A rise in the minimum wage for parts of China has threatened to throw PC component suppliers into chaos, as manufacturers question their reliance on cheap labour.
In a bid to offset domestic inflation, a number of provinces, such as Guangdong and Jilin, will up the wages for cheap labour on 1 January 2012. This has led to concerns that companies which have invested heavily in the area – in a bid to save on cheap labour – could run the risk of bankruptcy, with slowing demand worsening the situation.
According to Digitimes‘ sources, the situation is already difficult for many smaller firms which are being forced to shell out roughly 36 percent interest rates on underground loans. And, with banks unwilling to lend money, this means plenty face going under in the new year.
China has been synonymous with cheap labour over a number of years and has been the go to for cost-effective made products. Of course, with that comes notoriously appalling conditions and events like the suicides at Foxconn’s factories. Indeed, another worker fell to her death on Sunday, though Foxconn claims it was accidental. Western mega-corporations such as Apple have come under scrutiny from human rights groups about their role in supporting conditions which would not exactly be condoned domestically.
However, as part of China’s ‘125’ five year plan, worker’s wages are going to head skywards, increasing by 84 percent compared to the 2010 average.
According to chip market analyst Malcolm Penn at Future Horizons, it is inevitable that investors would not be able to fill their pockets with incredibly low labour costs with any long term sustainability.
“It used to be cheaper in Japan and now it has moved over to China, and it could be anywhere after that,” he said, speaking with TechEye.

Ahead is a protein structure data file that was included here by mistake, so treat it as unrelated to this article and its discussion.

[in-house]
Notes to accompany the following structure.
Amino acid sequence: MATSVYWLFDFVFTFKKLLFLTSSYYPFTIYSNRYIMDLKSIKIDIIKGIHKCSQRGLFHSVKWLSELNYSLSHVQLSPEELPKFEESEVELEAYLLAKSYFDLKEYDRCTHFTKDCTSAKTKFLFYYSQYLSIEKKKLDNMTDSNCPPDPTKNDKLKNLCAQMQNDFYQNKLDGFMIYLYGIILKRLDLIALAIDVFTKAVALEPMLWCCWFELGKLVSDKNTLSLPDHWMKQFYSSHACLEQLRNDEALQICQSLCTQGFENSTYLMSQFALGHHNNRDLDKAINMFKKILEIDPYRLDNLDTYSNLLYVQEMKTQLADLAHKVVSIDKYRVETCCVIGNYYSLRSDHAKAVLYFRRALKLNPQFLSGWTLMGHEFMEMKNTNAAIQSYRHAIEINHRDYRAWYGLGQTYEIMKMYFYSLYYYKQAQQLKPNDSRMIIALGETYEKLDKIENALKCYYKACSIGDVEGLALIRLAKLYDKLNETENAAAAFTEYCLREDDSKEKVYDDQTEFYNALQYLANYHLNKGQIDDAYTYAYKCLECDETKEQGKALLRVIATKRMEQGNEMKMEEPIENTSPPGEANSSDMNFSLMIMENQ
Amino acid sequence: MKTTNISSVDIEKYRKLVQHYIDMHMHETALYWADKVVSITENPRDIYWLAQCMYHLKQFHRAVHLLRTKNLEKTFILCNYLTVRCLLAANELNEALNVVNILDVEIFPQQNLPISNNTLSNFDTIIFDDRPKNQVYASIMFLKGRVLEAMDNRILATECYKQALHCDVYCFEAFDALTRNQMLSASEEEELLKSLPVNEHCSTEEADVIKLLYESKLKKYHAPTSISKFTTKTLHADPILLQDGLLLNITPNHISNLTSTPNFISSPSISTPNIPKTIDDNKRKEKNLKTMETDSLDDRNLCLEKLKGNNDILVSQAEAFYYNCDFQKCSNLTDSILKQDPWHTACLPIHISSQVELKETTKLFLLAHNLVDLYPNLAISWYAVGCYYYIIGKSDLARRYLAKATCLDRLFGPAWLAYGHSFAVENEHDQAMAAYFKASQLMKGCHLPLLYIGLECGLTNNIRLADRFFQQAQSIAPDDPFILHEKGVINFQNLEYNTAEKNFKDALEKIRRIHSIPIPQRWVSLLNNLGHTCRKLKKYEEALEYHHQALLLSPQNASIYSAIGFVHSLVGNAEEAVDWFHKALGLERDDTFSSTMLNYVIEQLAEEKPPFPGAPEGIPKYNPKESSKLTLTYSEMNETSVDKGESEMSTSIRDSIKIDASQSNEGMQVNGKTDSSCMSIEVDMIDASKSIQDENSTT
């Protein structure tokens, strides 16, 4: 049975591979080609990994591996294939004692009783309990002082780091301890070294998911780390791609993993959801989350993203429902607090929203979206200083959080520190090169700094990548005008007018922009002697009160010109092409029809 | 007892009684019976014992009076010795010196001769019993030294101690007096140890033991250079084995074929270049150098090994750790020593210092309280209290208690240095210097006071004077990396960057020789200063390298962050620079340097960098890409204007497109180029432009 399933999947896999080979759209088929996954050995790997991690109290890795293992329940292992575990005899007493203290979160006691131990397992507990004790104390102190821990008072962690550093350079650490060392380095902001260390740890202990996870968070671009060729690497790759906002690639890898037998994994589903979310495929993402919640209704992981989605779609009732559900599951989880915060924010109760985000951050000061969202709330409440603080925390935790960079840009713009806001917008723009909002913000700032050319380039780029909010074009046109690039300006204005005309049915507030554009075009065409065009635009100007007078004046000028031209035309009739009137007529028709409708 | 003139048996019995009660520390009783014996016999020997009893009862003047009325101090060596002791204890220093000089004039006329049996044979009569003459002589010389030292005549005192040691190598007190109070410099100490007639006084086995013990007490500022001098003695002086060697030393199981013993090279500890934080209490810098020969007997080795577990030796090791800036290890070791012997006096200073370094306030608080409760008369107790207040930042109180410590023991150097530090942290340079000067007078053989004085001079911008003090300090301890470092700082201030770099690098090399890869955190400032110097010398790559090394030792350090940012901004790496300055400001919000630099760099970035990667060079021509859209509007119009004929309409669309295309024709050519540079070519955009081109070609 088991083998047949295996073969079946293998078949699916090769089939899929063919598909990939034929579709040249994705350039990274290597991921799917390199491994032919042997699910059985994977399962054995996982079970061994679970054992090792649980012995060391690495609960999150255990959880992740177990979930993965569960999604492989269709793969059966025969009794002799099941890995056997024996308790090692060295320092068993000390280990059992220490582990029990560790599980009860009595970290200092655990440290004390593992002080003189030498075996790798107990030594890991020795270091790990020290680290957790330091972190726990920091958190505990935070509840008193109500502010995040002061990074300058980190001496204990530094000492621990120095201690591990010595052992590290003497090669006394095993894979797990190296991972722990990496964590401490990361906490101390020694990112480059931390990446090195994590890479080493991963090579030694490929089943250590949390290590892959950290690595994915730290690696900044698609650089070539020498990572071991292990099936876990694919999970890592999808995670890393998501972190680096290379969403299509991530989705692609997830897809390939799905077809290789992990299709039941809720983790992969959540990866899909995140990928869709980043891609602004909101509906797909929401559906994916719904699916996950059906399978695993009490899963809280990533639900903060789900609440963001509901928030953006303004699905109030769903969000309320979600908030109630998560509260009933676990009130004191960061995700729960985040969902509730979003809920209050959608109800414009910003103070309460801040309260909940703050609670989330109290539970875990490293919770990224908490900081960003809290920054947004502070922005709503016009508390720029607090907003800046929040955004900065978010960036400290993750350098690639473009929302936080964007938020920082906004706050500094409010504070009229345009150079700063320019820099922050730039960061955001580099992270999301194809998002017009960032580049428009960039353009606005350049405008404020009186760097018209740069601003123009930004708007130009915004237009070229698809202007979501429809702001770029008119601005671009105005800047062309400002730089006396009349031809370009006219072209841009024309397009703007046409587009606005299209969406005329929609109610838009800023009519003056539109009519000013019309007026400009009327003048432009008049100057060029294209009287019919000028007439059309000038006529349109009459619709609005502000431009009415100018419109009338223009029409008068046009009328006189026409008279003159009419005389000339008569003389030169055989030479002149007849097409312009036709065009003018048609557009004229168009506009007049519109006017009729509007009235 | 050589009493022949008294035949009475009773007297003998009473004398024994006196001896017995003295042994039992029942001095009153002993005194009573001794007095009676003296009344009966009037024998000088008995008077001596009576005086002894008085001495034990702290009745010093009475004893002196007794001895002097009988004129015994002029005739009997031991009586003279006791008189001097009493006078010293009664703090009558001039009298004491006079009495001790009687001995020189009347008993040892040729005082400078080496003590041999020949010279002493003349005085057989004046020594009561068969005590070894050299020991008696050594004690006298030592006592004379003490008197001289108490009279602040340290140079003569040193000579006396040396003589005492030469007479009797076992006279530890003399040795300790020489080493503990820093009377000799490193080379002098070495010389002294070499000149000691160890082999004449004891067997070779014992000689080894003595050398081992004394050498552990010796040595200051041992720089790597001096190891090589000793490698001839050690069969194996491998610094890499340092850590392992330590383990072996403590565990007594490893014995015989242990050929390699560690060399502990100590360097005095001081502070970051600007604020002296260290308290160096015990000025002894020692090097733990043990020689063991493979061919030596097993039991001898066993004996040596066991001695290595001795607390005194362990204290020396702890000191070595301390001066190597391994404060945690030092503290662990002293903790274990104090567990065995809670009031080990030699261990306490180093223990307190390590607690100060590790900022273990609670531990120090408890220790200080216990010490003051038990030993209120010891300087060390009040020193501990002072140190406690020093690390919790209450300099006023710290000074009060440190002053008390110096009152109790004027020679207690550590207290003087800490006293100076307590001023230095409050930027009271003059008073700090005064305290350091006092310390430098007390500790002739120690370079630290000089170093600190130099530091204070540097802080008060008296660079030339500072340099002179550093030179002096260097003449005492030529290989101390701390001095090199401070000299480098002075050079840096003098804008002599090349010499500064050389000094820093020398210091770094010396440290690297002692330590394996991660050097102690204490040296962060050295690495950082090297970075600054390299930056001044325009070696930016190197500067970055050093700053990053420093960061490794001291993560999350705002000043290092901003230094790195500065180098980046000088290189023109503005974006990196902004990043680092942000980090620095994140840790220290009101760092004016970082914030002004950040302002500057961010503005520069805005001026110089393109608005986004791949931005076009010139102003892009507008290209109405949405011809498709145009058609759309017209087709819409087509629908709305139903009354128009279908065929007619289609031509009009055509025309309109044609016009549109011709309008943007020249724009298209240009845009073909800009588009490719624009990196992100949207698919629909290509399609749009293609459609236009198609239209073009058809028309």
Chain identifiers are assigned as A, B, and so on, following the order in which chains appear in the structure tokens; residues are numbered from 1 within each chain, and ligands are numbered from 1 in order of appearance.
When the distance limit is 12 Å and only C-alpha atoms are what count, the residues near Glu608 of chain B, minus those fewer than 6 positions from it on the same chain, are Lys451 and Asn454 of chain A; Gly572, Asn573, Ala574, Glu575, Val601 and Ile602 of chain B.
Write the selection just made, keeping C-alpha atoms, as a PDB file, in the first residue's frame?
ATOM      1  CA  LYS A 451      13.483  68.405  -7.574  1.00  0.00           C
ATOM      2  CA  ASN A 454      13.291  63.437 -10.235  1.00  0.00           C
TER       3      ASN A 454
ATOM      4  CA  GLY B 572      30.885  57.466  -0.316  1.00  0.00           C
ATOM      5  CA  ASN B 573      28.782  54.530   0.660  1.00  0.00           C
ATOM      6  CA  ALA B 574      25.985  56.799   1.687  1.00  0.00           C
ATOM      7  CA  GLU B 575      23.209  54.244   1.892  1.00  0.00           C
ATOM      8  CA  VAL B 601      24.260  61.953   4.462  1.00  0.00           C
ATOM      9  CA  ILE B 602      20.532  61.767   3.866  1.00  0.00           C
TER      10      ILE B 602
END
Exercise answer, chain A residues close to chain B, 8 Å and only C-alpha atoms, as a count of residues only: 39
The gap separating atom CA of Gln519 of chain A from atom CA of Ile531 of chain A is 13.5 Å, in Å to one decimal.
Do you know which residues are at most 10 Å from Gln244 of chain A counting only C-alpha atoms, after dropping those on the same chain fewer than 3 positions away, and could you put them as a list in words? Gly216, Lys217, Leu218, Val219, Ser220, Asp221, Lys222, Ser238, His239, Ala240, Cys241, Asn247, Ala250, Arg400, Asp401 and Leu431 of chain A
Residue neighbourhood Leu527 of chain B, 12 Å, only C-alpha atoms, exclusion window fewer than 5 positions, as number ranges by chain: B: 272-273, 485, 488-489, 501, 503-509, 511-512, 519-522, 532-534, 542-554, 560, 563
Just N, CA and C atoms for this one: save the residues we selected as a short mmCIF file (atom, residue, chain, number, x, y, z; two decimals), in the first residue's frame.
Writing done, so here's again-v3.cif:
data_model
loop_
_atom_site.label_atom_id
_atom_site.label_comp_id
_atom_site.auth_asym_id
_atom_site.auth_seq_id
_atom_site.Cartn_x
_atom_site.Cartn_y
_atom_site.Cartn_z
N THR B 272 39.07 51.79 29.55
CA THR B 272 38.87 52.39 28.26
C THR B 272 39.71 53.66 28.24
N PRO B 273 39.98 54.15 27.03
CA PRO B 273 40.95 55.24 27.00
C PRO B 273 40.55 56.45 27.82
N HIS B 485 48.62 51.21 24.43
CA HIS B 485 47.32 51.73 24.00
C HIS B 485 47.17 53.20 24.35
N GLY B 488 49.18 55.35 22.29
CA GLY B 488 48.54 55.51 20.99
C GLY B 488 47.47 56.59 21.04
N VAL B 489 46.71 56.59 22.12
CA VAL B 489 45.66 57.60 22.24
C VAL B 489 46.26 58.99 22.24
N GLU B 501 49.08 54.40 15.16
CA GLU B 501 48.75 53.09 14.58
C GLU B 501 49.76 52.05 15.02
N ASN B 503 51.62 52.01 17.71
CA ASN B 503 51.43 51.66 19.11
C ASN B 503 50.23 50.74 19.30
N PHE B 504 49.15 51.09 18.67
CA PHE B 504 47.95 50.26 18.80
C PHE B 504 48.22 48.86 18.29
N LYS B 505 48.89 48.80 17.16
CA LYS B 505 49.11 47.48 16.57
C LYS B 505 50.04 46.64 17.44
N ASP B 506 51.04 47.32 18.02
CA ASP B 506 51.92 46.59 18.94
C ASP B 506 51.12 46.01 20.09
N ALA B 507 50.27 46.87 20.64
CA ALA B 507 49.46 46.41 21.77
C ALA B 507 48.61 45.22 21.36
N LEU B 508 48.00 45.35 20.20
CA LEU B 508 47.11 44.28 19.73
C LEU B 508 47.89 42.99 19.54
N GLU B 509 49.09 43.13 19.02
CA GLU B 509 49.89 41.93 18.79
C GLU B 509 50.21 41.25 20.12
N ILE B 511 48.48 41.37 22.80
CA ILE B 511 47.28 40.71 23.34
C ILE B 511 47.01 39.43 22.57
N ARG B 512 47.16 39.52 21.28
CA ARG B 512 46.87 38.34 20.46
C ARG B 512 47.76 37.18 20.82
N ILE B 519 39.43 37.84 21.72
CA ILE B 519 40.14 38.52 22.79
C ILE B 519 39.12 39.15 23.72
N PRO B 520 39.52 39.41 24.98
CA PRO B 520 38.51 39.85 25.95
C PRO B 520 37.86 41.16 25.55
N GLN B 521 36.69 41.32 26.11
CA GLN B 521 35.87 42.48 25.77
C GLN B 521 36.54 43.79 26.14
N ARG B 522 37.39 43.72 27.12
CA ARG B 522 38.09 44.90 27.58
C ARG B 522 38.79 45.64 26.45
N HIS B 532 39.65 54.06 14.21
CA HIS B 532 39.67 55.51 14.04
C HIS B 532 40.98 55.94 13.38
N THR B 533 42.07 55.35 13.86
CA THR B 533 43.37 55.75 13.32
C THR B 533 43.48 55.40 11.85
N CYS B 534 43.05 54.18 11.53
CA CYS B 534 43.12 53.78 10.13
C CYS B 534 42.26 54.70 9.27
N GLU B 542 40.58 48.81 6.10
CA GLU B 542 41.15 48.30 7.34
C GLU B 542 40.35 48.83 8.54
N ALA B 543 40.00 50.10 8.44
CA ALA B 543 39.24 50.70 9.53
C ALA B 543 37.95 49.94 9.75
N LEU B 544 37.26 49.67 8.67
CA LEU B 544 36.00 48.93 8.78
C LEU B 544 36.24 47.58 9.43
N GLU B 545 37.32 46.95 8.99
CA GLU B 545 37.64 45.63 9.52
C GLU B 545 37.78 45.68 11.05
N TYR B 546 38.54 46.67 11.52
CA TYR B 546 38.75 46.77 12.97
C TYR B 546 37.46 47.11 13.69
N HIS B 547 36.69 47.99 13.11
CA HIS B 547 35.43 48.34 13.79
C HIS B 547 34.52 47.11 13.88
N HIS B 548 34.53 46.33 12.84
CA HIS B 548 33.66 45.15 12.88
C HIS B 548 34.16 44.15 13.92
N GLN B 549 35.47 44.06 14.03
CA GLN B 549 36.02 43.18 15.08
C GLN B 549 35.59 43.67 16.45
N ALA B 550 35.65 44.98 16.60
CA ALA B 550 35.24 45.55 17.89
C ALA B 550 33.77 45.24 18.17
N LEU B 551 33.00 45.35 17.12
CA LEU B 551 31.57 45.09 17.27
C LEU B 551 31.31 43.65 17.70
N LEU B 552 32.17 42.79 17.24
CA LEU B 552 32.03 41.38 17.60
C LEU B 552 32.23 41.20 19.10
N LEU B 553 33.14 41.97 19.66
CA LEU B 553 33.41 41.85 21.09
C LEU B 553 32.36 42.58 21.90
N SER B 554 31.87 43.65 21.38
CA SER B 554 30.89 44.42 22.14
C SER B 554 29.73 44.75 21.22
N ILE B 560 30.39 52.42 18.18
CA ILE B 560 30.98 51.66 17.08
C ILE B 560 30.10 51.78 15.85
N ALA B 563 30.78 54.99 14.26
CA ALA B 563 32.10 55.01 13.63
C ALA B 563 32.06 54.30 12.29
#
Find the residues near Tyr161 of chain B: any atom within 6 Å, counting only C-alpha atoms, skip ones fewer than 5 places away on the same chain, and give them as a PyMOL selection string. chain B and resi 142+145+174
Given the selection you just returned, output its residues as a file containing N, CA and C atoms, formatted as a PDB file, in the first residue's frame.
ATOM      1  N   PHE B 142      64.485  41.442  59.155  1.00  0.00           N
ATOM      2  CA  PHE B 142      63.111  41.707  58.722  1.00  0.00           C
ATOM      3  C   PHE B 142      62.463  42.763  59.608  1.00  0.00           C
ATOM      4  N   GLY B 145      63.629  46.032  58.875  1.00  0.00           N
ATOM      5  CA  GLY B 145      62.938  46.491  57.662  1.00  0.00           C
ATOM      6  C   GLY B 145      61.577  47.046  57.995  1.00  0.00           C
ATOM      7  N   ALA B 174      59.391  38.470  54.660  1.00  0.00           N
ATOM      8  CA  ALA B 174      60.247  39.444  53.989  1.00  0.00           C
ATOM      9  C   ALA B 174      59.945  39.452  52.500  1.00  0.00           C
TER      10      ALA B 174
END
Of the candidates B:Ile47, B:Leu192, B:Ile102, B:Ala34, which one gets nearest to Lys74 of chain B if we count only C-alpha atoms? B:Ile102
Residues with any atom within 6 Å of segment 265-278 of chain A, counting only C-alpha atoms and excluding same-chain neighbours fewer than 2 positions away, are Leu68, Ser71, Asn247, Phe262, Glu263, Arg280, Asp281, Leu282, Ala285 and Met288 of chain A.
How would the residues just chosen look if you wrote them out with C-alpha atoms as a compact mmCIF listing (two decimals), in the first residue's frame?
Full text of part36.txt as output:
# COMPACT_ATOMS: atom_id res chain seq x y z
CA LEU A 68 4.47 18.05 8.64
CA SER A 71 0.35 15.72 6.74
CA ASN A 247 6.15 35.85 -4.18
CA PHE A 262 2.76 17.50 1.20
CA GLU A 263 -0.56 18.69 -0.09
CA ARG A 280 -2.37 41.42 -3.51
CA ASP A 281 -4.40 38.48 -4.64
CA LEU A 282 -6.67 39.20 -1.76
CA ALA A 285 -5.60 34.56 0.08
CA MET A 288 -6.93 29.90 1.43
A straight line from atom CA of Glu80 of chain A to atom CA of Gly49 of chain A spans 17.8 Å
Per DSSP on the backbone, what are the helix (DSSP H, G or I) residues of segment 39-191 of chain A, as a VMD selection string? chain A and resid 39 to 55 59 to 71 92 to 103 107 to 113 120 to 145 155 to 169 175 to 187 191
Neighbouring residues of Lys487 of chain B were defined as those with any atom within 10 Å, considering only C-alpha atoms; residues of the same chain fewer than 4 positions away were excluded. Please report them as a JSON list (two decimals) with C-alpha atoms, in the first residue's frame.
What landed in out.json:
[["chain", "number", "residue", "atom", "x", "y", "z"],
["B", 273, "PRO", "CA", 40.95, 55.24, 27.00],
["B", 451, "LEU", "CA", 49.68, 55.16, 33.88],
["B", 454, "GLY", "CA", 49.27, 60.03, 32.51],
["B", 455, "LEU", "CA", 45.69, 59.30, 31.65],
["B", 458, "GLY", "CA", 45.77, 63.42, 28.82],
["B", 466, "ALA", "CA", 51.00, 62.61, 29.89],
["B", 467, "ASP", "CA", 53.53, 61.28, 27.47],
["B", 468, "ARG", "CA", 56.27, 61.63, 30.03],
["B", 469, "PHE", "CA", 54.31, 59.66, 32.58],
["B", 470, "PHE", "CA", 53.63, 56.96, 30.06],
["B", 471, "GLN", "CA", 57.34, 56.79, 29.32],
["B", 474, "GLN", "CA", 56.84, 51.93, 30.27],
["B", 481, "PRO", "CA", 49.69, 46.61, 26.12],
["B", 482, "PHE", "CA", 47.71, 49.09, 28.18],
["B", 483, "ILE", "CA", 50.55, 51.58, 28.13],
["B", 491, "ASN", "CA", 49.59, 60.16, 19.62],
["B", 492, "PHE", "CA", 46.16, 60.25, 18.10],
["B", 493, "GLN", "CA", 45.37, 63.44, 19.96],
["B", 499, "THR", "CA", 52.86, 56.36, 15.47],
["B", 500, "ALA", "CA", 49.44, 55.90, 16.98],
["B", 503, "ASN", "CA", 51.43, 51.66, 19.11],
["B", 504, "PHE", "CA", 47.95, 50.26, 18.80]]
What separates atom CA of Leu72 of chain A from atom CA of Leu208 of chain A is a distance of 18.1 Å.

“Cheap labour is a myth and it goes from place to the next, you bleed it dry and then it will occur somewhere else,” Penn continues. “When it is too expensive in China companies will go somewhere else, that is just the nature of economics.
“It is absolutely no surprise that it is becoming more expensive in China, the only people it is a surprise to is those going to whichever country is next to be used for cheap labour.”
According to a spokesperson for the World Socialist Web Site, rising food and housing prices have caused a situation in China where unrest is growing. Wage rises are a symptom in some of the most disaffected regions, such as Guangdong.
“There are growing social protests against these conditions. It is notable that it is the province of Guangdong that is raising its minimum wage.
“In June last year, Honda workers in the city of Fonshan struck for better wages and won.”
The WSWS believes that this has created a division among Chinese authorities over whether to enforce a clampdown reminiscent of Tiananmen Square, or to quell unrest with wage increases.
“China functions as the main cheap labour platform for world capitalism,” the spokesperson told TechEye. “Through methods of dictatorship, the Communist Party offers a super-exploited work force, with no industrial or political rights, over to the major corporations.
“The hypocritical posturing of Western governments on China’s human rights record is severely contradicted when one considers the increase in investment following the massacre of pro-democracy students and workers by government forces in Tiananmen square in 1989.”